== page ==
Well, that’s a shocker.
The New York Islanders announced on Monday morning that they have relieved Barry Trotz of his duties as head coach, firing the man that dragged the team back to relevance after four seasons and placing Trotz at the tippy-top of the coaching free-agent leaderboard.
Trotz will almost certainly be the most sought-after candidate this summer among teams looking to fill vacancies. And with so many empty seats behind benches around the league, his list of suitors will likely be quite long.
So, with that in mind, let’s take a look at the three best landing spots for Trotz ahead of next season.
1. Philadelphia Flyers
Trotz took over an Islanders roster in 2018 that was among the worst defensive units in the entire league and, within one season, turned them into what many consider to be the staple of modern shutdown hockey.
The Flyers, who let this happen a few weeks ago, could probably use someone like that.
You don’t need me to tell you that the Flyers were a defensive nightmare this season. The video above speaks louder than any words possibly could.
But I’m going to anyway, just for fun.
The Flyers finished with the seventh-worst expected goals share of any team in 2021-22 at 46.48 percent. Their 44.85 percent share of scoring chance generation was the second-worst in the NHL, while their 45.52 percent share of the high-danger chances landed them fifth-worst.
Basically, the Flyers were out-scored and out-chanced in every possible facet of play at near-league-worst rates this season. And to make matters worse, most of the teams below them in those metrics — the Coyotes, Red Wings, Sabres, Blue Jackets, Canadiens, etc. — were not expected to contend heading into the year and clearly shifted their focus towards the future when that reality became shockingly apparent early on.
The Flyers, on the other hand, strode into the season with visions of contention, fresh off of swapping multiple first-round picks and prospects for established players in a number of offseason trades in order to stock up for their hilariously futile Cup run.
And then they went out and did that.
The 2021-22 Flyers lacked any hint of structure. They were listless, uninterested, and mostly lost, lacking a galvanizing figure behind the bench to lead them after tuning out Alain Vigneault and then clearly not taking the perennial hired-to-be-fired interim patsy Mike Yeo seriously.
Philadelphia deserves good hockey. Trotz, who has proven capable of squeezing every drop of value out of his rosters, seems like a perfect fit.
And then there’s the hidden bonus that Trotz’s notoriously goalie-friendly system could have on Carter Hart, whose career the Flyers have seemingly tried their best to squash like a bug by surrounding him with defenders that play like department store mannequins come to life.
2. Seattle Kraken
Dave Hakstol ain’t it. I’m sorry. He just isn’t.
Seattle’s management might have botched the expansion draft from the get-go, regardless of how many times they claim to have intended to tank for their first few years, but the coach they hired didn’t exactly get the most out of his lackluster roster, either.
Under Hakstol, the Kraken are aimless. They lack any kind of clear identity and aren’t particularly good at any one thing — which is basically the worst possible descriptor you can have in today’s game. After promises of flipping the hockey world on its head with some cutting-edge tactics, the Kraken garnered nothing but apathy in their debut season, fading into the background as their losses piled up.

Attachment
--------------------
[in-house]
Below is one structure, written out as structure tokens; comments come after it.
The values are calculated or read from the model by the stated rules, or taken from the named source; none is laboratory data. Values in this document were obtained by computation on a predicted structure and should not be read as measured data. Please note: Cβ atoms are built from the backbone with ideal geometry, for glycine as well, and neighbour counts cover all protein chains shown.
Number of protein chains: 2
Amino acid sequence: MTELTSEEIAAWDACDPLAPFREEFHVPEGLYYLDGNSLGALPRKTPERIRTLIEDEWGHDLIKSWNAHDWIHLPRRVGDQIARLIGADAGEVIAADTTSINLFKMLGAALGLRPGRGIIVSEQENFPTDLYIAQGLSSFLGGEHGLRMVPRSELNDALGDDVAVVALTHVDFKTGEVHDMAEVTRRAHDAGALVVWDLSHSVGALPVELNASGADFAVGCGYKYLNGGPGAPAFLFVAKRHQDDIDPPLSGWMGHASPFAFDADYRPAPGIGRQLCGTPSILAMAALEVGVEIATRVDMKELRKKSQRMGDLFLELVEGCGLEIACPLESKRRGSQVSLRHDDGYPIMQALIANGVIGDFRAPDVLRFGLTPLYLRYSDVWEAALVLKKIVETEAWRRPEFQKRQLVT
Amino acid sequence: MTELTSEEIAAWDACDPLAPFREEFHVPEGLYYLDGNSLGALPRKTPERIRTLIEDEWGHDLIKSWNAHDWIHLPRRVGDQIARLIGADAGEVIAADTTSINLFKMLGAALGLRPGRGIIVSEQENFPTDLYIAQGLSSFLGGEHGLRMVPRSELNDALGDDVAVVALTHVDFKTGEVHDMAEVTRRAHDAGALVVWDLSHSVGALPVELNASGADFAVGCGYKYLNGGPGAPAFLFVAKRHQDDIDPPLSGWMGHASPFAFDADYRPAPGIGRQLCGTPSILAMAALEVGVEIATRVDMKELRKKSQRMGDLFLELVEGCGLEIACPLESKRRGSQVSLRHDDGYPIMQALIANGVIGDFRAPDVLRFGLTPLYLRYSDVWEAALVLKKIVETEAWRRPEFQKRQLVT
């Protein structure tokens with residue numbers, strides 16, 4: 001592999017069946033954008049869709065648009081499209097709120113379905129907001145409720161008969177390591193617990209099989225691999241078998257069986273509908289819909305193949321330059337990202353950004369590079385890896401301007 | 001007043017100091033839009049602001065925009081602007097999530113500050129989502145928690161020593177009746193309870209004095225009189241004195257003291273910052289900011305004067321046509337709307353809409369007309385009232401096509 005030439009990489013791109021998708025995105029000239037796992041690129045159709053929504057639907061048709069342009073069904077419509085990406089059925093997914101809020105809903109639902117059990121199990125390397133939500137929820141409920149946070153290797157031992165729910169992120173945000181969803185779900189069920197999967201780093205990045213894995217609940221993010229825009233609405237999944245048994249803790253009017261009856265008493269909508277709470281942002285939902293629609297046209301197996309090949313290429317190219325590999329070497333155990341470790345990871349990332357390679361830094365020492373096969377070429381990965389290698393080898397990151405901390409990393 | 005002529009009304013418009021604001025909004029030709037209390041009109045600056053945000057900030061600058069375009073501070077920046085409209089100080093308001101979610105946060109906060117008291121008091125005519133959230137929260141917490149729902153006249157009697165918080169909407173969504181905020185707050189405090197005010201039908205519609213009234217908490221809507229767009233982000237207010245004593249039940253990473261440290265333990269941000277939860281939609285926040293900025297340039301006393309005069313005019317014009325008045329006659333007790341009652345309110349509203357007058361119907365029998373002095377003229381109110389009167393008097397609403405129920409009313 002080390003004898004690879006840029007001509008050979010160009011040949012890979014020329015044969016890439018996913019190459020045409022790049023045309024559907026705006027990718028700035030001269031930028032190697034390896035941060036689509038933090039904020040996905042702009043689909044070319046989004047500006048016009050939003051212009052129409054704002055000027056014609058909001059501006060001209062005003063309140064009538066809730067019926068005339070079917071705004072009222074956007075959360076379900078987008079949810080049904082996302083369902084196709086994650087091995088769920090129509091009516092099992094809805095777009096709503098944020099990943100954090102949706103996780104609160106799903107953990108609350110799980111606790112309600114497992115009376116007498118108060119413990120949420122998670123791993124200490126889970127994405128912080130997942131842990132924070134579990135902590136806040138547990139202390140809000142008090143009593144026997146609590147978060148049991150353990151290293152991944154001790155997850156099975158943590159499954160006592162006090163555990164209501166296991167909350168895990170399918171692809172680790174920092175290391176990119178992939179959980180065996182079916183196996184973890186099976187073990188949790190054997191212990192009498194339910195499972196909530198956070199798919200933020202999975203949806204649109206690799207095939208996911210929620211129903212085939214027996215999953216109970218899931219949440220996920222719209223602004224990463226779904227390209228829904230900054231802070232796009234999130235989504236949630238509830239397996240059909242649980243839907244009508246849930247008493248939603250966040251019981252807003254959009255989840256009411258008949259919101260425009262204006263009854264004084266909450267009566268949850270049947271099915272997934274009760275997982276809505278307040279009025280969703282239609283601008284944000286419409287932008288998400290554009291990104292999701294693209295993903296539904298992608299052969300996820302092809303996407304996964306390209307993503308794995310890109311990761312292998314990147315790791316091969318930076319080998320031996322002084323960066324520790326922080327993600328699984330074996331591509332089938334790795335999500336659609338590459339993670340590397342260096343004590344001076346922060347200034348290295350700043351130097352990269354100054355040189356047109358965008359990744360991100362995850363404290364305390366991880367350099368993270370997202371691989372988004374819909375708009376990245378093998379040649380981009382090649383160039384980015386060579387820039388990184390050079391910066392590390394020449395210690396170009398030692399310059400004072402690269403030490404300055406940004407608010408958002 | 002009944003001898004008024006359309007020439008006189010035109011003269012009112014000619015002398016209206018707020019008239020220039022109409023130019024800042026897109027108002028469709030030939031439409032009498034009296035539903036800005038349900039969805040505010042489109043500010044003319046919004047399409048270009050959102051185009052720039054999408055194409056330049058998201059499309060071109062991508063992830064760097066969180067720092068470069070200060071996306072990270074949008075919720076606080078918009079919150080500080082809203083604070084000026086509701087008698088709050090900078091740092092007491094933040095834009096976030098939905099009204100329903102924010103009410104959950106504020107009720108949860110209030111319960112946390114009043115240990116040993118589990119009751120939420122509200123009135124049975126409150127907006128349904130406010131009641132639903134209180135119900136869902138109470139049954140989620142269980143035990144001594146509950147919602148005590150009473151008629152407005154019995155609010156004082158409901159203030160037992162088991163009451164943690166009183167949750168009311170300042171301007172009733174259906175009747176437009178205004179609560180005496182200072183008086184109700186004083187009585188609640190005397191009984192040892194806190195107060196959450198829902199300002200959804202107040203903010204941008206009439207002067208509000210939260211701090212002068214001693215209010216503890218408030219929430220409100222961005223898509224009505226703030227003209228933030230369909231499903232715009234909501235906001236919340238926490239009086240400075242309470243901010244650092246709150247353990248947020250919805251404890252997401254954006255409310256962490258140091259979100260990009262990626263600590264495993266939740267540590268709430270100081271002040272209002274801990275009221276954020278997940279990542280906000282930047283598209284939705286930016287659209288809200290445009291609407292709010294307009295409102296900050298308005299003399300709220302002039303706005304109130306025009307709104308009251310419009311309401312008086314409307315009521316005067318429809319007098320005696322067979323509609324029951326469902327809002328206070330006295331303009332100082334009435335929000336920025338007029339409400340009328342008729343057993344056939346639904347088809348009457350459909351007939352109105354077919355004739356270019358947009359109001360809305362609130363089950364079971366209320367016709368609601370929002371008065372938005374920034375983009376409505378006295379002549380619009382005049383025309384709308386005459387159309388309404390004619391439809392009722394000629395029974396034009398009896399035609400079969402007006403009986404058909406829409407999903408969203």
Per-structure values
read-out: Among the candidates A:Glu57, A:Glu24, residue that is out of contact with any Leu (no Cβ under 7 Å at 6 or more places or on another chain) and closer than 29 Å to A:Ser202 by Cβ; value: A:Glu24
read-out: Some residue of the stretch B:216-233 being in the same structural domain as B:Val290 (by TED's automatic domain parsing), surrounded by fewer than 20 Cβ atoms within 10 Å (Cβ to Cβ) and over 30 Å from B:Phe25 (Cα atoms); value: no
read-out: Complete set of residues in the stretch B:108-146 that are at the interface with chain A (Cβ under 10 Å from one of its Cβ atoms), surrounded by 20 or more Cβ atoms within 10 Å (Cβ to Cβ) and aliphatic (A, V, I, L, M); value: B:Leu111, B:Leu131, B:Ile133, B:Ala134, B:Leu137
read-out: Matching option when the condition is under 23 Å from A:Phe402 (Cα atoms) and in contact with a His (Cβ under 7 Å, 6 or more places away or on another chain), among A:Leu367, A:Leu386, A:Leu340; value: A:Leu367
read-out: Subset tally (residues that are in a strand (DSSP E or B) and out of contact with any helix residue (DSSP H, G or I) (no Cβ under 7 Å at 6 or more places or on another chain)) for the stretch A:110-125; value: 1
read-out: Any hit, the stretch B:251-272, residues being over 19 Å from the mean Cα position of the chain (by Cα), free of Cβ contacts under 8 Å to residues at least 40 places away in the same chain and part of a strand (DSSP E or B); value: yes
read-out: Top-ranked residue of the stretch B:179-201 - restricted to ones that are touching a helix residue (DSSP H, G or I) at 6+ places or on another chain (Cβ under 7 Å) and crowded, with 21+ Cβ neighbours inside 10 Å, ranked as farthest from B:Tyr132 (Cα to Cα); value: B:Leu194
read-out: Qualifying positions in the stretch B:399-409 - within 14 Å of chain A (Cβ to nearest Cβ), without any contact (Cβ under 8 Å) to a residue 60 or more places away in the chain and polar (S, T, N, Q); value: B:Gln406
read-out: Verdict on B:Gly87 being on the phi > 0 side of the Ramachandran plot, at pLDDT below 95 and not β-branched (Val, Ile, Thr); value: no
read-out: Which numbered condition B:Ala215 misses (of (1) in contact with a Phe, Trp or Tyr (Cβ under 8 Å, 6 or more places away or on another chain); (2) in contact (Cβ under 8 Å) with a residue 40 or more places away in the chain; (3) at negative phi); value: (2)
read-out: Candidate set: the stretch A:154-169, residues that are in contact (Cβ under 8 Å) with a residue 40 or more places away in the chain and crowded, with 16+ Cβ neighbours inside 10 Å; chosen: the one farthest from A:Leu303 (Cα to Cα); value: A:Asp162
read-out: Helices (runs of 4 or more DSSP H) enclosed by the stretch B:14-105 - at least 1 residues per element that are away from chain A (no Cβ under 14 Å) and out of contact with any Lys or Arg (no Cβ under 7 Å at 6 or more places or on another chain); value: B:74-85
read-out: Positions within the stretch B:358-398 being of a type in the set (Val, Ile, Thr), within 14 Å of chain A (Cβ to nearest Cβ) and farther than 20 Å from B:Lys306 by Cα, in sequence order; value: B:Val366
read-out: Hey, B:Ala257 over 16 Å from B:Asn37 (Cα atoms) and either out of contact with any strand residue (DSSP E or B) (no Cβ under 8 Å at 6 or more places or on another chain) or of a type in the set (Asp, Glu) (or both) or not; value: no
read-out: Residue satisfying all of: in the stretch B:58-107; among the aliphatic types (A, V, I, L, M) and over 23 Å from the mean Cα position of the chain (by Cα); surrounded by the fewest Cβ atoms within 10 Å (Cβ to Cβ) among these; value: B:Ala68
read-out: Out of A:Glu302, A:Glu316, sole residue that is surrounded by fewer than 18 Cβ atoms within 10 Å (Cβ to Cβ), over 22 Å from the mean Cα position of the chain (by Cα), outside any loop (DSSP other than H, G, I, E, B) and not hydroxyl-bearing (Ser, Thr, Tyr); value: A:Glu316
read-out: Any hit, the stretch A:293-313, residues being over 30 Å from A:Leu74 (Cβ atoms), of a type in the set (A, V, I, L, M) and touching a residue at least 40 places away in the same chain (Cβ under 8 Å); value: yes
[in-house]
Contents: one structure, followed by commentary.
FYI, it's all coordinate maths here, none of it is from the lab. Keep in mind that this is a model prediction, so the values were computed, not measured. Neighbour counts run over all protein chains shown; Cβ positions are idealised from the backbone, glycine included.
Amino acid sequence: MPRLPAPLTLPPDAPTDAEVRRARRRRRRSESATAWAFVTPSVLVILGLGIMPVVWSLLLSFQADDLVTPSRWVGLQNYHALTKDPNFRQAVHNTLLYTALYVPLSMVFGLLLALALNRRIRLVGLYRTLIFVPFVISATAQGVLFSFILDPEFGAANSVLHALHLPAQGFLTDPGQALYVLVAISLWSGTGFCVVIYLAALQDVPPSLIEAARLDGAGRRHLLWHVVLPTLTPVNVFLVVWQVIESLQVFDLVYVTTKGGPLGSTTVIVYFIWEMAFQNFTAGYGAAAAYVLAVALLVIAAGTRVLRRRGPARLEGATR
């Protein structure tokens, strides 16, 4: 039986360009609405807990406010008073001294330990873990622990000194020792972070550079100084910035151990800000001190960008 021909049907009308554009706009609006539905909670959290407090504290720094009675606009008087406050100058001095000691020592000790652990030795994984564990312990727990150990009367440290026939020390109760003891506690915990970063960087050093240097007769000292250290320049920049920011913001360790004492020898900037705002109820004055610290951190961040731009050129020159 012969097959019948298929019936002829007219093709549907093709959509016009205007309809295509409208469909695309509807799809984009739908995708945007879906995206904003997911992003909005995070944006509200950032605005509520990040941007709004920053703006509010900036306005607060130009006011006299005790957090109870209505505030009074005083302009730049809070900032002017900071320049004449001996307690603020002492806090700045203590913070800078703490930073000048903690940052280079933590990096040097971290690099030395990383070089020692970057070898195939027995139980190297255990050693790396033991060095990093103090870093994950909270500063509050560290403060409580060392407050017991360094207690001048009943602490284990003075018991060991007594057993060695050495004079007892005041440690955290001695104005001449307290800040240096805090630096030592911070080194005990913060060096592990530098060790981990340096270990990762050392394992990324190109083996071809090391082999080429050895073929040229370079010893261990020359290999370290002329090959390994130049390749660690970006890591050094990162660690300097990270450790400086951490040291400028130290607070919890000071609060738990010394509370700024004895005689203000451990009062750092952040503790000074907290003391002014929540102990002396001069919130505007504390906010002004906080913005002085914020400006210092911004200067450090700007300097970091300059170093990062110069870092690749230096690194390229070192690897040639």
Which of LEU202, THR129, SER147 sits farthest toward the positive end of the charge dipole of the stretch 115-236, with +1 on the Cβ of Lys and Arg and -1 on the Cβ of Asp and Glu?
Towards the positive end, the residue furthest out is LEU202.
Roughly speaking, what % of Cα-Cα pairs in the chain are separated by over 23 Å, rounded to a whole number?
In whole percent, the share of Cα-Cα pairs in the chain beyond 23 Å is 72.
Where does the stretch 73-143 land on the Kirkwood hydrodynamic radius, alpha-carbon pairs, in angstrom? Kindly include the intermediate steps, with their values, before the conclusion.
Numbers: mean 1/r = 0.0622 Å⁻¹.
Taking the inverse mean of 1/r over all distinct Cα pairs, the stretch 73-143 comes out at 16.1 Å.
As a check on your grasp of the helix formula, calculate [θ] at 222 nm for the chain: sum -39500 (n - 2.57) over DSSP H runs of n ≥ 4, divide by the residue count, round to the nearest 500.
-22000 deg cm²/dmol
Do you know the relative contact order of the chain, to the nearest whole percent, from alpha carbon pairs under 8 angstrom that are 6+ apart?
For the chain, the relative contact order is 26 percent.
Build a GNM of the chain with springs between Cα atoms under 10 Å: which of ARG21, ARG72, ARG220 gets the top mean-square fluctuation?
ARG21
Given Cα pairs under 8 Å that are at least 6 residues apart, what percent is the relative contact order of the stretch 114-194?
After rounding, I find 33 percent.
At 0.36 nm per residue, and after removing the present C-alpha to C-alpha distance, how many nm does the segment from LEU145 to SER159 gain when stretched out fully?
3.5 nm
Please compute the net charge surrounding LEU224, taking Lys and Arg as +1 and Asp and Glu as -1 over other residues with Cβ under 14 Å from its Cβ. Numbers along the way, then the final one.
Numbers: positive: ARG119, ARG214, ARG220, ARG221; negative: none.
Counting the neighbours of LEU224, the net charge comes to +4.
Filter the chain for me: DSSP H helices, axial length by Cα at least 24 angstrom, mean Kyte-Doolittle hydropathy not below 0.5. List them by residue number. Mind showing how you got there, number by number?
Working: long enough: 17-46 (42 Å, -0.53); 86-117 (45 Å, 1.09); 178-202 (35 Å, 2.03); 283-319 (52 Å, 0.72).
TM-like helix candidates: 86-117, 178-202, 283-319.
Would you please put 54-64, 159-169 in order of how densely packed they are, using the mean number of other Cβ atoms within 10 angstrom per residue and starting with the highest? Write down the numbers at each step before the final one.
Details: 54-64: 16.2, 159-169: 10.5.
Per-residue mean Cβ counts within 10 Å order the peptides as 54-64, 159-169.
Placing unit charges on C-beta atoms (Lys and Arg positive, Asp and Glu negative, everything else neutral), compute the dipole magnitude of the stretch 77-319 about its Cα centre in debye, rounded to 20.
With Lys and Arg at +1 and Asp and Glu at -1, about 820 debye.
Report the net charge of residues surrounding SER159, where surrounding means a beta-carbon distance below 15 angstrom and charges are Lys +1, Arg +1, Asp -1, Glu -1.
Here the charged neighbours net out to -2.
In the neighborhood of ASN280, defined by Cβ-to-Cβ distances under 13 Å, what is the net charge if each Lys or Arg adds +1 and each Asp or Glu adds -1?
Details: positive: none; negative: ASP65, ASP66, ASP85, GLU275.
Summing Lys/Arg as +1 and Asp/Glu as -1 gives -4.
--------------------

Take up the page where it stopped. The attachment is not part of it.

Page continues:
Under Trotz, they’d at least have an identity.
I’m not a huge fan of installing a coach whose system functions to produce the most boring, low-event hockey possible onto a team that needs to build a fanbase. That’s like trying to make your significant other like Star Wars by only showing them the trade federation scenes from “The Phantom Menace”.
But Trotz would instill a structure in a Kraken roster that certainly needs one, hopefully creating an environment in which Philip Grubauer can bounce back from becoming the worst goalie in the league.
It might seem odd to boot the first coach in franchise history out the door after one season. But the Kraken did the same thing with their captain just a few months ago. And with time of the essence to win over their local market, Trotz would at least make them a better on-ice product.
3. Winnipeg Jets
If anyone can talk Mark Schiefele into playing a hint of defense, it’s probably Trotz.
Schiefele is a tremendous offensive player. That’s without question. But his defensive lapses are the stuff of legend at this point. And they’re mostly self-inflicted, too, with entire YouTube compilations of Schiefele essentially giving up on the back-check floating out there for the world to see.
As they’re currently constructed, the Jets are not poised to win. Their two top forwards, Schiefele and Blake Wheeler, are among the worst defensive forwards in the entire NHL, and the reports of locker room friction that were more or less confirmed by Paul Stastny during his year-end press conference don’t help, either.
The Jets need a new voice — someone capable of getting the most out of the quality players they still have throughout their roster.
The guy has experience in knitting a frayed locker room back together, turning the Islanders into a formidable force immediately after their superstar captain left in free agency. Perhaps Trotz’s system can lighten the load on Connor Hellbuyck’s shoulders, too, returning him to the Vezina candidate he’s been for most of his career.
With Schiefele throwing a temper tantrum to get himself shipped out of town, an era of Jets hockey could soon come to a close. And who better than to flip the page than Trotz?